Horse Chestnut (aesculus hippocastanum)
Seed Prices -New 2018 crop now available
5 seeds £0.99
10 seeds £1.75
250 grams (approx 18 seeds) £2.50
500 grams (approx 35 seeds) £3.75
1 Kg (approx 70 seeds) £6.00
These seeds contain no dormancy and should begin to germinate as soon as soil conditions are warm enough
Use the drop down button below to select the quantity
It is fast growing and soon forms an impressive large domed tree growing up to around 30m (98ft) in height with a 15m (49ft) spread.
It is mainly planted for its spectacular Springtime show of creamy white, honey scented flowers. These are hermaphrodite (have both male and female organs) and are pollinated by Bees.
The resulting fruits that ripen in September and October are the distinctive "conkers" which used to be an essential part of every schoolboys pockets. Young trees can start flowering and producing seeds from around 20 years old.
It is a very hardy tree when it is dormant, however the new soft Spring growth can be damaged by late frosts.
Suitable for planting on a wide range of soils it prefers a well-drained soil and can grow in nutritionally poor dry soils. The plant can tolerates strong winds and atmospheric pollution but not maritime exposure.
Although it is seen to its best advantage in an open, sunny position it can also be grown as a woodland tree and in semi shade.
Trees are tolerant of drastic cutting back and can be severely lopped or pollarded to control their size as they are often seen in France. Young trees transplant quite easily and can grow away well even if they are moved when they fairly large.
Germination, Sowing and After Care Information for
Horse Chestnut (aesculus hippocastanum
It is perfectly possible for these seeds to begin to germinate during their passage through the postal system. In such a case they need to be planted immediately on arrival. Seeds of the oak species can sustain root breakage with no detrimental effect and the emerging root can be snipped off at about 1cm from the emergence point on the acorn if excessive root growth needs to be controlled. The seedling will produce a more fibrous root system as a result.
For sowing deep containers are required to accommodate the strong tap-roots of this species. Pots at least 20cm should be used and serious growers should consider using modules such as root trainers that allow air pruning of the roots to take place. These allow the production of superb young plants with no root distortion. Planting in shallow containers will cause severe root deformation
Fill your chosen container with a good quality compost and press the seed into it to a depth of a couple of cm's (just under 1 inch) The orientation of the seed is not critical, generally speaking it is best if the root emerges to one side of the seed. Make sure that the seed is covered, watered and place in a frost free place for germination to begin. If the seeds of the species become frozen they will die! The seeds can be planted in Autumn left to produce a taproot and then left quiet through the winter in a cool but frost free place. In the Spring these seeds will quickly emerge and begin growth and will have a significant head start over Spring sown seeds.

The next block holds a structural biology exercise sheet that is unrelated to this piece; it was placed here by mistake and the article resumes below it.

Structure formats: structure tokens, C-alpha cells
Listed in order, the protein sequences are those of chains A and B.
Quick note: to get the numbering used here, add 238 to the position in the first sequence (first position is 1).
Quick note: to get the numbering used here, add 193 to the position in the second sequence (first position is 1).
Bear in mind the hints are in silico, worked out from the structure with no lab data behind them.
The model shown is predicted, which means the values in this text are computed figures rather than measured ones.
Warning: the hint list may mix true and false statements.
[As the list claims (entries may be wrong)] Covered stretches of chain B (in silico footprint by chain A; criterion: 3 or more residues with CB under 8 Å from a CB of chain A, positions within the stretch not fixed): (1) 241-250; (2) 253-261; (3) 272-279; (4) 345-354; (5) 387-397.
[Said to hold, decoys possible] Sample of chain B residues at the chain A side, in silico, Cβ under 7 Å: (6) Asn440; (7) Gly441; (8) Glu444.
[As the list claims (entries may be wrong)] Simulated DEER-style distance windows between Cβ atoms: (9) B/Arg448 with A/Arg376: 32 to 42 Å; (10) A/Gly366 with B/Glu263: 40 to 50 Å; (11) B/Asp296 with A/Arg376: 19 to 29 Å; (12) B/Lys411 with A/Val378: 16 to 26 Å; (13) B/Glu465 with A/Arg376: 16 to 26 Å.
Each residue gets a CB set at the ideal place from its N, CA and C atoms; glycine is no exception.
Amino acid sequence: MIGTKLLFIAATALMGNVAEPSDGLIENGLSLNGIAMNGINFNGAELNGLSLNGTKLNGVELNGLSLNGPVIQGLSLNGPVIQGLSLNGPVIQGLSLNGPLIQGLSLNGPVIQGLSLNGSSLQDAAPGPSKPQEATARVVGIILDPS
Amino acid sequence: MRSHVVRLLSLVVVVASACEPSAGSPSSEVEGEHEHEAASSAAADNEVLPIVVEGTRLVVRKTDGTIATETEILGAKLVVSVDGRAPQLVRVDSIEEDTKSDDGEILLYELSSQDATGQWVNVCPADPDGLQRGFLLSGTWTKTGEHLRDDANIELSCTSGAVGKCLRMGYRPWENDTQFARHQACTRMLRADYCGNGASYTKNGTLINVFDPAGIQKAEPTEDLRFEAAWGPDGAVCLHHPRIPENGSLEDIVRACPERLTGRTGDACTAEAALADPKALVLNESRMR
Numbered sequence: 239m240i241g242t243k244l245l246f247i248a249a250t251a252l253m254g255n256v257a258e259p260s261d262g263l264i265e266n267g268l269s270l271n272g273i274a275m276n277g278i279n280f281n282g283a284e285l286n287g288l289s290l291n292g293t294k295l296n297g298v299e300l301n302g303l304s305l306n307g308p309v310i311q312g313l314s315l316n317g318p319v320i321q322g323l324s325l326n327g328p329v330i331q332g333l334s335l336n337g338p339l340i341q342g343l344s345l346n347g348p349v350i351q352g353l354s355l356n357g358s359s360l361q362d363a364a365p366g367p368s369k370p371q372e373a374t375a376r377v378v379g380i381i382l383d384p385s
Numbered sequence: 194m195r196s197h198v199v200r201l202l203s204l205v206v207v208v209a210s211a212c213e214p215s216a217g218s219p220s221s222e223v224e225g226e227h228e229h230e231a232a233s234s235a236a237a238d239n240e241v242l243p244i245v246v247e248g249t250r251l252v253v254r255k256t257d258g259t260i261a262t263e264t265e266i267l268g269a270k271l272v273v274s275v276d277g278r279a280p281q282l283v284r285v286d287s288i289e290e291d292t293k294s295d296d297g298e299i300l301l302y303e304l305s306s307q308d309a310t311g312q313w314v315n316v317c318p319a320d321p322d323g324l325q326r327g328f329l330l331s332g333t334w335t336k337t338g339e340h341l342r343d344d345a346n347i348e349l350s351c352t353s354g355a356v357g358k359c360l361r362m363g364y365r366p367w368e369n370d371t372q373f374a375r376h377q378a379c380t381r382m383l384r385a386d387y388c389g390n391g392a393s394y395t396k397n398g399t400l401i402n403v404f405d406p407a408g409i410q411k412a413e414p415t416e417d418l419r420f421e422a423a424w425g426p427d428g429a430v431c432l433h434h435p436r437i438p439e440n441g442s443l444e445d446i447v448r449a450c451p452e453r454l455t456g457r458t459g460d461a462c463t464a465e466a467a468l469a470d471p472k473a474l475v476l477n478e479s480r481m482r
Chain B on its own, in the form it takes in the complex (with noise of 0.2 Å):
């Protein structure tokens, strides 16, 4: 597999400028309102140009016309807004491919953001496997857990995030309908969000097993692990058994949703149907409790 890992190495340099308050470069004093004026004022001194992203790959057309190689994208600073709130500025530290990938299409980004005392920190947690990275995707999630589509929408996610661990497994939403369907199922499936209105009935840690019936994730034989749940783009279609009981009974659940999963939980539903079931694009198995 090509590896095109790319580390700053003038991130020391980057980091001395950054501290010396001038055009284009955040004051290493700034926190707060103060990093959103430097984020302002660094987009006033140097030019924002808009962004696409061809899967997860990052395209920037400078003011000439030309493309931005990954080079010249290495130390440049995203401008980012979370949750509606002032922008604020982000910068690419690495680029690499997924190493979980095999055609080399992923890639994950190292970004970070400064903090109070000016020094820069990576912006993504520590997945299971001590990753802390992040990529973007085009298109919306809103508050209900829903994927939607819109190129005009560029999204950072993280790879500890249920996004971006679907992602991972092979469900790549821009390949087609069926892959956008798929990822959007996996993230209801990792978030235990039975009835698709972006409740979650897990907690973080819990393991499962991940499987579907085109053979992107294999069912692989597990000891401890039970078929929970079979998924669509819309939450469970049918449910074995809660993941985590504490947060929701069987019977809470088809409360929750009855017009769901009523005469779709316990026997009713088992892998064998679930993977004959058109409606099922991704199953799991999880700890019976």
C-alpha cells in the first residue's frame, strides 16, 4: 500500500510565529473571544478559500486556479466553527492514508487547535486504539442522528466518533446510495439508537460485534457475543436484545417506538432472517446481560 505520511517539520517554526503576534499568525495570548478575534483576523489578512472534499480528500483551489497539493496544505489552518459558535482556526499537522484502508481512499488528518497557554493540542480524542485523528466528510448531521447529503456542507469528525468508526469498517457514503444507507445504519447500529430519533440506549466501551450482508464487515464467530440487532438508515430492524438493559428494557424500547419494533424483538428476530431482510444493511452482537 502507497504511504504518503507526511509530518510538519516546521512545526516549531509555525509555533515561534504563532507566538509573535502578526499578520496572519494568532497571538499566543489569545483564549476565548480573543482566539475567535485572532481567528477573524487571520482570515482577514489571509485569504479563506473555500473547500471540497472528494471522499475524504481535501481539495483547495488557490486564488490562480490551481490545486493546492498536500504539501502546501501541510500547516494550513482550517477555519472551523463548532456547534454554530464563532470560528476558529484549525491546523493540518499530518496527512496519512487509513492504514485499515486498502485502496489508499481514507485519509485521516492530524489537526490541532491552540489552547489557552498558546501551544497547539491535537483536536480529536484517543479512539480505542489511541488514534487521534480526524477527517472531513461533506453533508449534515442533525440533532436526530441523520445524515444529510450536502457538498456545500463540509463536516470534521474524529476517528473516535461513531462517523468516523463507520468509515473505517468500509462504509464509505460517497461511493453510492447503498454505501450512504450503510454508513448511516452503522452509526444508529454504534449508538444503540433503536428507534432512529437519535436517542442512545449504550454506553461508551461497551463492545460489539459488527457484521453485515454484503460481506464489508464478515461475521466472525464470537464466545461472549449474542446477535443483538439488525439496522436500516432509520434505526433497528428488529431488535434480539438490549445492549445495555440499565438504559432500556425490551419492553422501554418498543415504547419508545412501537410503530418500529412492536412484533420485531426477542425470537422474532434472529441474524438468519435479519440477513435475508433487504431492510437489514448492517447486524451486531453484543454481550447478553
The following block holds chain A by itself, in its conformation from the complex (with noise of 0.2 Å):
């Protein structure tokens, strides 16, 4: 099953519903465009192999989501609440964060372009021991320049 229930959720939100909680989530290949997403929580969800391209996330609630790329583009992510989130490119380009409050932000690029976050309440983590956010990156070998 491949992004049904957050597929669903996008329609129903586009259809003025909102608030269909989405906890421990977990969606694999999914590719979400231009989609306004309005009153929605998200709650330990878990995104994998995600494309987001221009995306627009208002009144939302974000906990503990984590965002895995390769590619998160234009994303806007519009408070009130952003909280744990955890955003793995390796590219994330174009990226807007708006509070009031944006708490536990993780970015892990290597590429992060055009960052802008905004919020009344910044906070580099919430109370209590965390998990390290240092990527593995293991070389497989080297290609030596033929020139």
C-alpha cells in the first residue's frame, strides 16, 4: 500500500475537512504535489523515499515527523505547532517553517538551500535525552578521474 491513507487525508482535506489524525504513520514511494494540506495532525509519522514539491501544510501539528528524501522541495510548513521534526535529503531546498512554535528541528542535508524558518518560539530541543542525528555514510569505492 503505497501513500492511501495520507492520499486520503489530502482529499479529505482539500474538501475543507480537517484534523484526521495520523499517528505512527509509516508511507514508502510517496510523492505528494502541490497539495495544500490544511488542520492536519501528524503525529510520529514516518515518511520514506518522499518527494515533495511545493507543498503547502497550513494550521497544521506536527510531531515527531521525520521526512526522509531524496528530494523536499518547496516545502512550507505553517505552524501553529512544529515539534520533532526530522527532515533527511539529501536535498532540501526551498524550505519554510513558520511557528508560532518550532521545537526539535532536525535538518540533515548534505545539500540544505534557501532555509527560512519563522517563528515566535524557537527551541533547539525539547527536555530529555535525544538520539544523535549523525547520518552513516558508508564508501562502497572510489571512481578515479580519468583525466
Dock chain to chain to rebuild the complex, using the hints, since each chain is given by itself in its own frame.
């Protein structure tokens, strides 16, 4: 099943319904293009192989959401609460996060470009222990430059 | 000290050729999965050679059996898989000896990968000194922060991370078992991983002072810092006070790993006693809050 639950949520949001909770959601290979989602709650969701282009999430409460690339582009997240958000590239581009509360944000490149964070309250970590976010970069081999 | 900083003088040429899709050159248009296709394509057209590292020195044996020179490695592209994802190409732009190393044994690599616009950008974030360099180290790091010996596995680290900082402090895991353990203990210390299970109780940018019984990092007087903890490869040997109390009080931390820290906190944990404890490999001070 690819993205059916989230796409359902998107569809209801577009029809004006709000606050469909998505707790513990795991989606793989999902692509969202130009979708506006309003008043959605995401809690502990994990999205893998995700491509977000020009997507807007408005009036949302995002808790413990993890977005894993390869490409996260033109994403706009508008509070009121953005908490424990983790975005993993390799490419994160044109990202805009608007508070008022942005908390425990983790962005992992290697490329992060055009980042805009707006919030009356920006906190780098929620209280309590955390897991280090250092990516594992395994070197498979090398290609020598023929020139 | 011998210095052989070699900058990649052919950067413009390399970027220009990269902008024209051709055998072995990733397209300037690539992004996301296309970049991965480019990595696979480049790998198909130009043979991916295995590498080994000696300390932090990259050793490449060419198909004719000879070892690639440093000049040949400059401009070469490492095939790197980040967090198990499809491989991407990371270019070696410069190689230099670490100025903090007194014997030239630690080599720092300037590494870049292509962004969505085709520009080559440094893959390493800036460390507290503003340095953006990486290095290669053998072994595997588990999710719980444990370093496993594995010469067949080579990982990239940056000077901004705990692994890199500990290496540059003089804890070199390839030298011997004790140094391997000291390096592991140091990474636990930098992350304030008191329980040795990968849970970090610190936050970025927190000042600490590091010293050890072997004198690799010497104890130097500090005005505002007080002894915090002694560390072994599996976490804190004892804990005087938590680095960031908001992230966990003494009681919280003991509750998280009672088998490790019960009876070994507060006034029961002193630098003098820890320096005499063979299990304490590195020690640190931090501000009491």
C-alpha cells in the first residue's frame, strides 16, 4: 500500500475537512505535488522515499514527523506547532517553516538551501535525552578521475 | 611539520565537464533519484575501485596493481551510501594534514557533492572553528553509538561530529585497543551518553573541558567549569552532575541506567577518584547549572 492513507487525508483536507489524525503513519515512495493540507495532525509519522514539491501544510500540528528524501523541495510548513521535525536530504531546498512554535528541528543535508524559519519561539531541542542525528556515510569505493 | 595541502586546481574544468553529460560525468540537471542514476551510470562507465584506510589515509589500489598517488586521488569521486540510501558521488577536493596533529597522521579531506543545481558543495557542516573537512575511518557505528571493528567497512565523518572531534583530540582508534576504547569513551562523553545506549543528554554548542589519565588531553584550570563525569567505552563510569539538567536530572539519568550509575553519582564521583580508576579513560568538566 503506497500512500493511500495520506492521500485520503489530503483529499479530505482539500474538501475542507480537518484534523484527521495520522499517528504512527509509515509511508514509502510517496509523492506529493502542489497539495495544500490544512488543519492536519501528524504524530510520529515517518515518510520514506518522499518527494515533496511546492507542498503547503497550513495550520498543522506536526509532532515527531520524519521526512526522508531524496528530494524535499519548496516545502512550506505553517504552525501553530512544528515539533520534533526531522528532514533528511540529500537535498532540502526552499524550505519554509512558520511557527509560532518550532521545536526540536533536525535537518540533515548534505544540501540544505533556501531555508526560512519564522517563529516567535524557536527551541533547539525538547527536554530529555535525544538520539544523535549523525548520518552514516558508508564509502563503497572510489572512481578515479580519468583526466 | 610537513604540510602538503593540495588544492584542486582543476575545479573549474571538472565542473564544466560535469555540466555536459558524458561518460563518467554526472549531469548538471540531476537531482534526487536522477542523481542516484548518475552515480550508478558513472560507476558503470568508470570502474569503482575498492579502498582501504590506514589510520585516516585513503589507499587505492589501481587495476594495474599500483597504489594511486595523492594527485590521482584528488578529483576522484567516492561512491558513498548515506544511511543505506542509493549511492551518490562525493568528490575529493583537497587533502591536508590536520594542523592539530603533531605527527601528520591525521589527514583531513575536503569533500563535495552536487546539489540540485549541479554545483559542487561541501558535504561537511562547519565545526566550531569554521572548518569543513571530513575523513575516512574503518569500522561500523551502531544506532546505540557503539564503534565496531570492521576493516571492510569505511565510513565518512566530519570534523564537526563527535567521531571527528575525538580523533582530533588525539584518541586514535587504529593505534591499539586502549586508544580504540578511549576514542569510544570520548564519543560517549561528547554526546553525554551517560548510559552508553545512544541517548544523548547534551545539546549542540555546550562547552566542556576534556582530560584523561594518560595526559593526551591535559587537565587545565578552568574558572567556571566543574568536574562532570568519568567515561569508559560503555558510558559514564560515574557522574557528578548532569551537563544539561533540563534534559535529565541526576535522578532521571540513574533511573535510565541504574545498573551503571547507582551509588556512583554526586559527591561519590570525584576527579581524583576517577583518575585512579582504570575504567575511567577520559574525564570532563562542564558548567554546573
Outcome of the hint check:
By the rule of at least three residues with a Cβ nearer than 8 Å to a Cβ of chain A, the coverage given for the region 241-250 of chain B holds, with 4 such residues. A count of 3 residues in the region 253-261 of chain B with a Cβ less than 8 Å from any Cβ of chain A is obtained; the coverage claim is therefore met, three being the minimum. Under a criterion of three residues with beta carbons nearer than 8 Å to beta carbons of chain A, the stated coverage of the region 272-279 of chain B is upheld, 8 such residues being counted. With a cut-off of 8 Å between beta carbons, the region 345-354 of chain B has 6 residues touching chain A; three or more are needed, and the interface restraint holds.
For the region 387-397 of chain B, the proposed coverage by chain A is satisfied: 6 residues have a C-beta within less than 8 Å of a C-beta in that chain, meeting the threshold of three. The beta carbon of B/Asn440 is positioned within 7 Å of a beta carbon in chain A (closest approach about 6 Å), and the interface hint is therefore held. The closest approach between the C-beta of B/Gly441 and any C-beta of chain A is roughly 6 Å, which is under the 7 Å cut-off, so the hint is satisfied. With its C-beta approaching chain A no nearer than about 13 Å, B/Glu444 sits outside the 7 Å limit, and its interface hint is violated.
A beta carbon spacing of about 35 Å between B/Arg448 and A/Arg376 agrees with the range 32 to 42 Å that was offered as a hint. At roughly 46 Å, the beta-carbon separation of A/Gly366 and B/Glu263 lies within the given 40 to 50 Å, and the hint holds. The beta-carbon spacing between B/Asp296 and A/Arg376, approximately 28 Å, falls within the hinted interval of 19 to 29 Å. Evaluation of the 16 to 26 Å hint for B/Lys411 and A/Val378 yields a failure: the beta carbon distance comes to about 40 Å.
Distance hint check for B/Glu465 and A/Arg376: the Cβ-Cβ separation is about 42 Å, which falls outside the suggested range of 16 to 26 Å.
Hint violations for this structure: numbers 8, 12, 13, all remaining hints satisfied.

If you do need to store your seeds you can mix them with dry peat and place them in a cool, dry, frost free, mouse free place through the winter. The bag that they are placed in should not be tied! If the peat is even slightly moist the seeds will begin to grow. The peat keeps the seeds separated which prevents them from sweating and heating. It also allows them to respire but not dry out too much. If you keep the seeds dry in a bag until Spring it is very likely that they will be dead before they are sown.
Initial shoot growth is very rapid and within a few weeks from germination the seedlings will be between 10 and 20cm high. The trees will then rest for a few weeks before developing a terminal bud that will break into rapid new growth if the conditions are right. This usually brings height growth to 20 to 40cm. To encourage maximum growth ensure that the trees are never stressed because of a lack of water and that they are well nourished and grown in a warm, sunny position.
Trees should be planted in their permanent position as soon as is practical. If they are large enough, at the end of their first growing season and certainly at the end of the second. Allowing them to be grown in too shallow a container for any length of time will cause permanent root deformities that can lead to the failure of the tree once it grows to a large stature.